Users of Microsoft's Bing search engine can now see a wider range of Facebook content from their friends appear alongside search results, part of an effort by Microsoft to make the site more social.
When a person runs a query in Bing, the results include general content from the web as well as related information from social networks including Facebook, Twitter, Foursquare and Google+.
For instance, if a user is logged into Bing through Facebook when performing the search, Bing's Social Sidebar is populated with related information from their Facebook friends. Bing launched the sidebar feature last summer.
Previously, the results included only the Facebook friends' "Likes," photos and profile information, but Microsoft has now expanded that to include status updates, shared links and comments.
The extended data amounts to a five-fold increase in Facebook friends' content that is searchable in the sidebar, Microsoft said in a blog post Wednesday.
The idea is to give people more useful and personalized results. "This is a much richer set of data that not only helps show what your friends may know, but what knowledge they possess that can aid in your search," a Microsoft spokesperson said. The Social Sidebar is currently available only to users in the U.S.
A person planning a trip to New York, for instance, can find not just information about the city, but also information from Facebook friends who have lived or visited there, Microsoft said.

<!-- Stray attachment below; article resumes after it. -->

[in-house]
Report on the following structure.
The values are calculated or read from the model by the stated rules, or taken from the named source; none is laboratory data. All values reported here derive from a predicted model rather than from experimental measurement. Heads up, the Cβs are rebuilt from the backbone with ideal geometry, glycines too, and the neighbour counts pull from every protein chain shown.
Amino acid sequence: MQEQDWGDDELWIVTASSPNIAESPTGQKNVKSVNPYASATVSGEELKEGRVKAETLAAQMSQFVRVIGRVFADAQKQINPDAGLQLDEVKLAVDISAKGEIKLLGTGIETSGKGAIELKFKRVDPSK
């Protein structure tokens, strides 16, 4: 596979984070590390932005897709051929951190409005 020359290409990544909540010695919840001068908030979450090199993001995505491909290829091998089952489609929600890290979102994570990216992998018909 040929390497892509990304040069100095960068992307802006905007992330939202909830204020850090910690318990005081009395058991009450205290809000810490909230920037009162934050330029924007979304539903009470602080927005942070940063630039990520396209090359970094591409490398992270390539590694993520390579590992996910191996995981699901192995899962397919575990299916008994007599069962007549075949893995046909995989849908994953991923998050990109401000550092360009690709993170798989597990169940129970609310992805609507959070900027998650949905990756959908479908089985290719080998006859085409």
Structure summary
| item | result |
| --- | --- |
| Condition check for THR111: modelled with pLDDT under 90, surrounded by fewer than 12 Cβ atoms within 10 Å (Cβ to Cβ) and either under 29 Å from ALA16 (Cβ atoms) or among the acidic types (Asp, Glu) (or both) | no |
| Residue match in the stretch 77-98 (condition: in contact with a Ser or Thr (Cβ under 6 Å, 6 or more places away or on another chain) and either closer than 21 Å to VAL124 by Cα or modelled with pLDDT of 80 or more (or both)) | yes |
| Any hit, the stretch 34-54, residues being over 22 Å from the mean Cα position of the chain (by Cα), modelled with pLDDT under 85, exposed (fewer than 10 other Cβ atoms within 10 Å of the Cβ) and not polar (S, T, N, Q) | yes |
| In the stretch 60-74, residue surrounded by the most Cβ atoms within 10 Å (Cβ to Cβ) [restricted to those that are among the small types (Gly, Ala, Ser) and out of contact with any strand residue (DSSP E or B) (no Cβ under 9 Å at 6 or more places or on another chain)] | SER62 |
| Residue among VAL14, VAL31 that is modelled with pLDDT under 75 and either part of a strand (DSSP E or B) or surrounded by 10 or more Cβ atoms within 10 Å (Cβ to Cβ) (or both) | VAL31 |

The information in the sidebar from other social networks works slightly differently -- it's not linked to the person's friends, but to other sources deemed to be experts on the topic. That functionality is not affected by today's changes.
The expanded Facebook content comes at an interesting time. On Tuesday, Facebook announced the beta launch of Graph Search, a social search tool based on connections between users. When there are gaps in Graph Search results, Bing results will help to fill the holes, Facebook said during a press conference.
The new Bing features announced today are not connected to the Graph Search announcement, according to Microsoft. But the company will "continue to power the web search functionality on Facebook," Microsoft said.
Greg Sterling, senior analyst with Opus Research, wondered if the services might work more closely together in future. "It will be interesting to see how the roll out of Facebook Graph Search impacts social search on Bing and whether theres some 'synergy' and increased usage," he said in a blog post.
Others, such as Karsten Weide, vice president of media and entertainment at IDC, say Bing's expanded Social Sidebar is a step forward.
"It's not going to turn things upside down, but it could help Microsoft grow its search traffic more rapidly," and it could become a stronger competitor to Google, he said.
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